In This Huffington Post blog, political activist, Hal Donahue, compares the KSL expansion issue to Flint and highlights the impact of community action via Friends of Lackawanna.
How very far America has fallen was brought home to me in stunning fashion when I read a New York Times article on how the poisoning of Flint, Michigan was uncovered.
“...Joyce Zhu, a doctoral student, went to collect samples at a Flint hospital, looking for signs of the bacteria that cause Legionnaires’.
“When I turned on the tap, you see this corrosive, reddish, brownish tap water,” she said. “It’s that moment that made it so real.” Ms. Zhu said she had planned on a “typical” academic career, doing lab research with limited application off campus. But after analyzing lead-tainted water samples in the labs in Blacksburg and traveling to Flint, she said, she is considering how her career can benefit the public.
“I grew up in Singapore, where clean water, you take it for granted so much,” Ms. Zhu said...”
Not only did the United States fail to provide safe water to its citizens, it is readily apparent that government at all levels was unable to prevent environmental disasters. Flint was not an isolated event.
“Last week’s major chemical spill into West Virginia’s Elk River, which cut off water to more than 300,000 people, came in a state with a long and troubled history of regulating the coal and chemical companies that form the heart of its economy...”
In January, West Virginia Public Broadcasting reported:
“A new report released just days after the second anniversary of the Elk River Spill highlights shortcomings of the private water company that dealt with the spill. 300,000 people were told not to use their water for days following the accident. The report asserts that privately owned West Virginia American Water hasn’t taken adequate measures to protect against potential disasters nor invested enough into existing infrastructure, among other complaints. The report comes from Boston Action Research - a project of the Civil Society Institute...”
Meet the Friends of Lackawanna. A huge local garbage dump (called sanitary landfills in business and political speak) controlled by a billionaire of dubious reputerequested an expansion of Keystone Sanitary Landfill and renewal of its license for an incredible half a century.
Local outrage began building slowly. A non-profit environmental group was officially formed:
“Friends of Lackawanna is a Pennsylvania Non-Profit committed to protecting the health and safety of the local community, as well as the regional image and the environment. Friends of Lackawanna consists of and represents the interests of citizens concerned with environmental matters, including Keystone Sanitary Landfill, Inc. (“KSL”)’s ongoing operations and proposed Phase III expansion.”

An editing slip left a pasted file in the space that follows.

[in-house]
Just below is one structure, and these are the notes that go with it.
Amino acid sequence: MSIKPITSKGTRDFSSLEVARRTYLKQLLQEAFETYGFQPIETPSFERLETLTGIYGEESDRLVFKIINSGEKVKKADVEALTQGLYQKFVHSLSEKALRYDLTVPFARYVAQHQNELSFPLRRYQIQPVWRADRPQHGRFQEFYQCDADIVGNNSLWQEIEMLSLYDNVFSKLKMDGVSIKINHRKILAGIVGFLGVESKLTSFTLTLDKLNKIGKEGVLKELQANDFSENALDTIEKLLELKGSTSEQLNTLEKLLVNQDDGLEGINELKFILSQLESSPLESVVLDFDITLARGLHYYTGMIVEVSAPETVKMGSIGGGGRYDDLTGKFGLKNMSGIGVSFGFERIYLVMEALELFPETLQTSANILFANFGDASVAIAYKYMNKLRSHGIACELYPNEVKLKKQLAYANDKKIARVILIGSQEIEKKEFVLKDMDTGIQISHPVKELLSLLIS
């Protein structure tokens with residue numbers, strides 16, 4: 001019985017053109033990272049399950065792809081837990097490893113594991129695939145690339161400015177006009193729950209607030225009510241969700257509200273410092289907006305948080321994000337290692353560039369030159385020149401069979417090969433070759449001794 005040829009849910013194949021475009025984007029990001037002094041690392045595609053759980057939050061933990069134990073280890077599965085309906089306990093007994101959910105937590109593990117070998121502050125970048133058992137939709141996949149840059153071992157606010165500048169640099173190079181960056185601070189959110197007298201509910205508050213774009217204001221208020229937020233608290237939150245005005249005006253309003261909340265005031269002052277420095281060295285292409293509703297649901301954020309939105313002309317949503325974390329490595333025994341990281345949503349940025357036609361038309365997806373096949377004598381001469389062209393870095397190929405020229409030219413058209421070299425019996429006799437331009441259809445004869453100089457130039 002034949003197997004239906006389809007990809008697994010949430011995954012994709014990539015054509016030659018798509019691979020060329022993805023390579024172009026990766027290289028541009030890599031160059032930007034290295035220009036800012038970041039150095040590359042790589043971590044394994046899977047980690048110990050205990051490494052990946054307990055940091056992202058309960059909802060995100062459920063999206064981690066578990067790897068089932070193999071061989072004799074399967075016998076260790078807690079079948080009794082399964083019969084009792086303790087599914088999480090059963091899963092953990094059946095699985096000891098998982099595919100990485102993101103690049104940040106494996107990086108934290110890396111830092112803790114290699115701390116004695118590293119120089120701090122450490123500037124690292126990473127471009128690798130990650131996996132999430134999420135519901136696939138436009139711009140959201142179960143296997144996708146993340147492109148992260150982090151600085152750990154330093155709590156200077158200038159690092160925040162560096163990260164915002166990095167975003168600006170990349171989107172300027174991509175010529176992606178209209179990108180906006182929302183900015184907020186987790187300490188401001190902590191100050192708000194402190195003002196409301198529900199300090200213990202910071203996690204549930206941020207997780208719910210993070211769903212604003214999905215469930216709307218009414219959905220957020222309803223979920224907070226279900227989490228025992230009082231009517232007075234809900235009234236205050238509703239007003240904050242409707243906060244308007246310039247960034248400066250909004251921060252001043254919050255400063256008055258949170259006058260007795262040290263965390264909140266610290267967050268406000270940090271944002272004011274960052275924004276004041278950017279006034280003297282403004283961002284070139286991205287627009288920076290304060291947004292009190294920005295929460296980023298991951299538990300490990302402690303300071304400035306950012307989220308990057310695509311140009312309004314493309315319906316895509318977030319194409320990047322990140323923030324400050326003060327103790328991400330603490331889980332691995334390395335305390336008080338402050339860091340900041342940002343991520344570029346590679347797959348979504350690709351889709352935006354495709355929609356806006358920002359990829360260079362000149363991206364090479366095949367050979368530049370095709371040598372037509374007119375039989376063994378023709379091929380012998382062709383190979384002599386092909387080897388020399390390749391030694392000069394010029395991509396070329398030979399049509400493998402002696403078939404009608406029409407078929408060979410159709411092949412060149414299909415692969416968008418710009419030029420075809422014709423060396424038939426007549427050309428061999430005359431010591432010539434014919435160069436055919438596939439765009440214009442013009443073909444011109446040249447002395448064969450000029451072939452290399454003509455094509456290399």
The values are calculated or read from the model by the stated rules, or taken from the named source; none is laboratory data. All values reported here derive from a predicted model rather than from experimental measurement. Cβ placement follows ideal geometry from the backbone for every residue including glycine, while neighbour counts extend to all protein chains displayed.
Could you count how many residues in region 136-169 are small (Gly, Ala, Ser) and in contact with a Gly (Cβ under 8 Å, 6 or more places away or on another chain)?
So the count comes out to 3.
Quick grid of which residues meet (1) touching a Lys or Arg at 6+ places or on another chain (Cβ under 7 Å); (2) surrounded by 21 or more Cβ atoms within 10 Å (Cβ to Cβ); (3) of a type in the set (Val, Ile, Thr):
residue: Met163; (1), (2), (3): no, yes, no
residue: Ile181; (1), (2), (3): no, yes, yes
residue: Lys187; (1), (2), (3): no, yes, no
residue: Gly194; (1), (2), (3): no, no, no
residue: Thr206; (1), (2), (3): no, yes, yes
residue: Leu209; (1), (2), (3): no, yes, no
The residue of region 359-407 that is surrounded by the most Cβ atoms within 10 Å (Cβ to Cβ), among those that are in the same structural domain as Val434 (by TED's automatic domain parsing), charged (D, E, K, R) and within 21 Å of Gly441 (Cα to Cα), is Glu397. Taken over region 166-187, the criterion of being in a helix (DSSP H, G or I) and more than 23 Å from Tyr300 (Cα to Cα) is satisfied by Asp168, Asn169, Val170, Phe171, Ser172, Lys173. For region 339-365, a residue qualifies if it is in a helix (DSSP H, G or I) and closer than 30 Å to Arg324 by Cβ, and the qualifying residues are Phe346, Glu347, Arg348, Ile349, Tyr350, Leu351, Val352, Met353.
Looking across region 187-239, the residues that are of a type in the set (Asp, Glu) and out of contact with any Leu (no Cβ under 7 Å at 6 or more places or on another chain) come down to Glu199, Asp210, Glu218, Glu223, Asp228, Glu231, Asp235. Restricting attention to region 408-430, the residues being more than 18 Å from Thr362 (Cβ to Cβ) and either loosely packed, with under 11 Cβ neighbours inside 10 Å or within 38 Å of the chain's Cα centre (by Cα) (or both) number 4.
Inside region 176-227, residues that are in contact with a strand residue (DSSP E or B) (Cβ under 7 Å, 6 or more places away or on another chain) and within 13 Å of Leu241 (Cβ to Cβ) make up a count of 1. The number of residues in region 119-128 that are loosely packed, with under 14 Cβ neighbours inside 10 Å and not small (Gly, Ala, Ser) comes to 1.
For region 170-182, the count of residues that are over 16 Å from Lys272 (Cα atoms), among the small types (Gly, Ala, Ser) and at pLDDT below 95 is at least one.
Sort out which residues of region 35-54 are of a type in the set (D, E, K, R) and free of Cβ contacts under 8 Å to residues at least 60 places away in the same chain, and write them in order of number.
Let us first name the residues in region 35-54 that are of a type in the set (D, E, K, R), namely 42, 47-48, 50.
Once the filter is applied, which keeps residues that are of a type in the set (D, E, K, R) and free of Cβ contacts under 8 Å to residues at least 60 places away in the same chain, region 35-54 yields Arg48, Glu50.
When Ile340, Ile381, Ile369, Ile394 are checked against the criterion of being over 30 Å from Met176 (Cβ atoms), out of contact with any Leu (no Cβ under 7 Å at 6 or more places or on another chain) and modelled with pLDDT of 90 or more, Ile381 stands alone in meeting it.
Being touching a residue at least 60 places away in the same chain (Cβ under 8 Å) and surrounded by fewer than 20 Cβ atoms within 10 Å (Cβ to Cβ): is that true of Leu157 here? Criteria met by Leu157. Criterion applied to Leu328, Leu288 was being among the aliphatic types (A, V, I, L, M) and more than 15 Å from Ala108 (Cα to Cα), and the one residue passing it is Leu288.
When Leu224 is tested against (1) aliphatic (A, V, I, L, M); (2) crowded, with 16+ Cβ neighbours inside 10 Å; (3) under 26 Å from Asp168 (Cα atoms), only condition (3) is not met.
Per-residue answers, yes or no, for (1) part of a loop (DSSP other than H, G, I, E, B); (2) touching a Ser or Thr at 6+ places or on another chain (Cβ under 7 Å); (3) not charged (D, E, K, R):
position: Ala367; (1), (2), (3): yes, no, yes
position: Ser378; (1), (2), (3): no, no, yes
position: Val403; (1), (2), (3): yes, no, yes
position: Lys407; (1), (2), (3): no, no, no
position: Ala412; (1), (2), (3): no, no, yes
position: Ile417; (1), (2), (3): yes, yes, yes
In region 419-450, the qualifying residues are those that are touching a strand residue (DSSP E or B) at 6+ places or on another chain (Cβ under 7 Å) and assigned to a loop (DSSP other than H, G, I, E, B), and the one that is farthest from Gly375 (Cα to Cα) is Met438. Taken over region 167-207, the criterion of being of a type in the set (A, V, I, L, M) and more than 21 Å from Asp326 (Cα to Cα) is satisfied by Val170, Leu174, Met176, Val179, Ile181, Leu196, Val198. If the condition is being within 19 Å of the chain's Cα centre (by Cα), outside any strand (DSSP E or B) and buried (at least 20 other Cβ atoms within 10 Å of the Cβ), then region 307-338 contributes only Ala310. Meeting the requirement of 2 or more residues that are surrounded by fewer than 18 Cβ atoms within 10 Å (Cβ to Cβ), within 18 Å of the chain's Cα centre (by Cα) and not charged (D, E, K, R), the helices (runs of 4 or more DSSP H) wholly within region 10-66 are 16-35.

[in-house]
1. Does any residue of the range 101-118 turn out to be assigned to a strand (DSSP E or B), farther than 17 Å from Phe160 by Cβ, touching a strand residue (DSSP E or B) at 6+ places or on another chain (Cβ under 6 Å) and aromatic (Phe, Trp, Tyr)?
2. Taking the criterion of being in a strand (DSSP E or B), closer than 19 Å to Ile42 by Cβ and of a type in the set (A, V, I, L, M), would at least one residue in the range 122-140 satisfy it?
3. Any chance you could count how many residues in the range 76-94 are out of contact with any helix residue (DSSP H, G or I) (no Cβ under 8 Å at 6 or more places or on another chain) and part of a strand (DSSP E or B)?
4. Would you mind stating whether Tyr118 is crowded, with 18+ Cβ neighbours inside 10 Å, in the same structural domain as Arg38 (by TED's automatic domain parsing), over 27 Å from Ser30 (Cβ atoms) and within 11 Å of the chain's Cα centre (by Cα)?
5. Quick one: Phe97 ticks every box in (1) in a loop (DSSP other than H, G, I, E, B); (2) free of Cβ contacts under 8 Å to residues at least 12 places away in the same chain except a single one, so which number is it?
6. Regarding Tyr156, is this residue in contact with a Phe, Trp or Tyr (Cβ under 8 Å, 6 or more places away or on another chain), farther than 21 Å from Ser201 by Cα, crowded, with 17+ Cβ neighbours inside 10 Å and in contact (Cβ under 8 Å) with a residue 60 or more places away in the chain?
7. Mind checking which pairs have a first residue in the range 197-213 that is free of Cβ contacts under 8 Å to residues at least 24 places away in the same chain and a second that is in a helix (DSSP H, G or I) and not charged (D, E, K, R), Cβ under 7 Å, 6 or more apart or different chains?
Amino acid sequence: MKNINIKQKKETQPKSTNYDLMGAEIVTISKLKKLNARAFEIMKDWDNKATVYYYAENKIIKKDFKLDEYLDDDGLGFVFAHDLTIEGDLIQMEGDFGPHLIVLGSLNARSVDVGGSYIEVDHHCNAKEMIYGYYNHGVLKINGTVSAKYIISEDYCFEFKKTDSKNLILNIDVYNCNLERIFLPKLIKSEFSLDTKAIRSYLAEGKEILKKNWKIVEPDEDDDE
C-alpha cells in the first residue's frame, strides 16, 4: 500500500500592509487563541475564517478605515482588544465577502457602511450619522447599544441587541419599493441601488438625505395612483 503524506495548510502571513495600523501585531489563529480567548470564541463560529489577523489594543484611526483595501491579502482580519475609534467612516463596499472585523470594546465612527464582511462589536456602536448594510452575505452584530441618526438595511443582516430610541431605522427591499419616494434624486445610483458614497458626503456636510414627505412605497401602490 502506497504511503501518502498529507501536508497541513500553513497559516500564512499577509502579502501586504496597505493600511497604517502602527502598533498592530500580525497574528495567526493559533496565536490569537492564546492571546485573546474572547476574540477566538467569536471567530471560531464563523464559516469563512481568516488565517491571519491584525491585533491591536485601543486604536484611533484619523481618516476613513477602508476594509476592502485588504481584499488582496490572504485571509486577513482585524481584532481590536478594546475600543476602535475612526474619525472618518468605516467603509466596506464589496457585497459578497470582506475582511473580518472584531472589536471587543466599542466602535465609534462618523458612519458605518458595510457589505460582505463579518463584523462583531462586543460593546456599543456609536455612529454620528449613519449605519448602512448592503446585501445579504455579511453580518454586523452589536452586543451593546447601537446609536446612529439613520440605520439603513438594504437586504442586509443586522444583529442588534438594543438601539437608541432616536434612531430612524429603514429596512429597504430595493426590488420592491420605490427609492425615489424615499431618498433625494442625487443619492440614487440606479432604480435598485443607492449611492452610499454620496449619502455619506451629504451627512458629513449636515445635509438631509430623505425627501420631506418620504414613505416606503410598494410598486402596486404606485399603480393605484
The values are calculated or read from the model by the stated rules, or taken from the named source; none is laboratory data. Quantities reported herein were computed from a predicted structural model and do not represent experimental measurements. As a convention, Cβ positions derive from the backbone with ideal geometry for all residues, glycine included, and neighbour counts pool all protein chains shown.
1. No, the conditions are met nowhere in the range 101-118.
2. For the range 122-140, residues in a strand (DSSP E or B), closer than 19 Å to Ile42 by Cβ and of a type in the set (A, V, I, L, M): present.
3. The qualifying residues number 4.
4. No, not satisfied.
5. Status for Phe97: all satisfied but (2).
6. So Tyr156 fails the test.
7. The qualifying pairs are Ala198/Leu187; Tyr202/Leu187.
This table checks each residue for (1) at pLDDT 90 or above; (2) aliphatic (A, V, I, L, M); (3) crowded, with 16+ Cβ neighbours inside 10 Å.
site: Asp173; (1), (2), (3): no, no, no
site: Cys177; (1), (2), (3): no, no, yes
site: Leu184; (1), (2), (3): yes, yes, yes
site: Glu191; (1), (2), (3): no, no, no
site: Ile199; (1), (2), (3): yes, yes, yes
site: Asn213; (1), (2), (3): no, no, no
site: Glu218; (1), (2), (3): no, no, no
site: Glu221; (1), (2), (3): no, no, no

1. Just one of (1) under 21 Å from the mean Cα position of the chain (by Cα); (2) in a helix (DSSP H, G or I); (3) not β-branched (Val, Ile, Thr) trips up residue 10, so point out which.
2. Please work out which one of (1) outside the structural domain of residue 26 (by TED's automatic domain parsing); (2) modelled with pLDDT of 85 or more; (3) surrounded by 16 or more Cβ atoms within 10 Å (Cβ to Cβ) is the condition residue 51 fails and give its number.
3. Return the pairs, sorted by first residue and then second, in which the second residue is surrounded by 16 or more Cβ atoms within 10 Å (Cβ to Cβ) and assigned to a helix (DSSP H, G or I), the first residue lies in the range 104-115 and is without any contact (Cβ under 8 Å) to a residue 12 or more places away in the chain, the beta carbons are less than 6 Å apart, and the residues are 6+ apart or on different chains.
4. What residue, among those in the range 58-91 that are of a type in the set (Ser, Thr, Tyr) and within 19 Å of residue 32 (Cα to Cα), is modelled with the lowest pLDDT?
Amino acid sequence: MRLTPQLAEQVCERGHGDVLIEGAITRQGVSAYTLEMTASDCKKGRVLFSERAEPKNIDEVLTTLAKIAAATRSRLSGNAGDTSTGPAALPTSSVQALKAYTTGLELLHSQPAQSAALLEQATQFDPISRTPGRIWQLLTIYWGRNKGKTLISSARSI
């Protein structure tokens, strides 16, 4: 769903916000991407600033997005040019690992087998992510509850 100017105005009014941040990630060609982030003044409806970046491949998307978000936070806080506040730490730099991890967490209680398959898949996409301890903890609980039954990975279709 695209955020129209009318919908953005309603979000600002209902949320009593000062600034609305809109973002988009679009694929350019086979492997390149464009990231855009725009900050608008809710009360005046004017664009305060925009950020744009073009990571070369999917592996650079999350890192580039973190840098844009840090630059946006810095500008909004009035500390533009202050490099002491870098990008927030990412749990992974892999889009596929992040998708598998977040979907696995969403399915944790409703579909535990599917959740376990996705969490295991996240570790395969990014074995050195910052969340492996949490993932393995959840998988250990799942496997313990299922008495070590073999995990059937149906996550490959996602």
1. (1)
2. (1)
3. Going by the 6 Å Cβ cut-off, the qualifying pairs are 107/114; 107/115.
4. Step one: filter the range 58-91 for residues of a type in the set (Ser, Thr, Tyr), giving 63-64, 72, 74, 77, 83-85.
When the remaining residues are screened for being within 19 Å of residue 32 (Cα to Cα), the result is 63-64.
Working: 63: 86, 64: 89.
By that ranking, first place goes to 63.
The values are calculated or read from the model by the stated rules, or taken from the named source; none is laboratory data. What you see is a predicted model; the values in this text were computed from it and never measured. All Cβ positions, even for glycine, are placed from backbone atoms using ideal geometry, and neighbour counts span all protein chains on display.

The younger professional people of Northeastern Pennsylvania, a region often described as downtrodden, seem to have had enough. Pushing older, usually corporate compliant people aside, citizens wanting a future formed Friends of Lackawanna. Starting slowly with letters to the editor, smaller gatherings and quiet meetings, the group built both momentum and experience.
With the exception of the Times-Tribune Newspaper, few other media outlets appear to have any interest. After all, the billionaire ‘businessman’ influences massive regional advertising dollars through family participation in interlocking boards ranging from gambling and banking to religious education and universities. The meeting last week was little different. Yet, an incredibly diverse crowd of citizens in their hundreds packed a local hotel’s largest ball room to ‘Talk Trash’.
Senator Bob Casey introduced a panel of experts including State Senator John Blake, Mr. John Quigley, Secretary of the Pennsylvania Department of Environmental Protection (DEP), Ms. Lois Gibbs, a long time hero of mine who is Founder of the Center for Health, Environment and Justice (CHEJ) and CHEJ Science Director Stephen Lester, a graduate of the Harvard University School of Public Health.
The panel presented information concerning the state process and possible legislation at Federal and State legislative levels. Ms. Gibbs presented reality which was confirmed by the rest of the panel - bodies matter. The hundreds of attendees spoke volumes for both consumer interest and hard count votes. By that measure and by the prestige of the panel, Friends of Lackawanna ‘Talking Trash’ was a major success.
Looking at the Friends of Lackawanna filling that ballroom, I wondered if I was seeing the beginning of the end of America’s new Gilded Age. Local action already has some impact at the voting box. Republican political elites have lost control of their party and populist candidate Bernie Sanders is pressuring Democratic Party front runner Hillary Clinton.
Millennials have the courage to confront the corporatocracy. Gilded Age laissez faire capitalism is again failing faster than communism. The question is not if, but rather when. Friends of Lackawanna indicates it will be soon.
Follow Hal Donahue on Twitter: www.twitter.com/haldonahue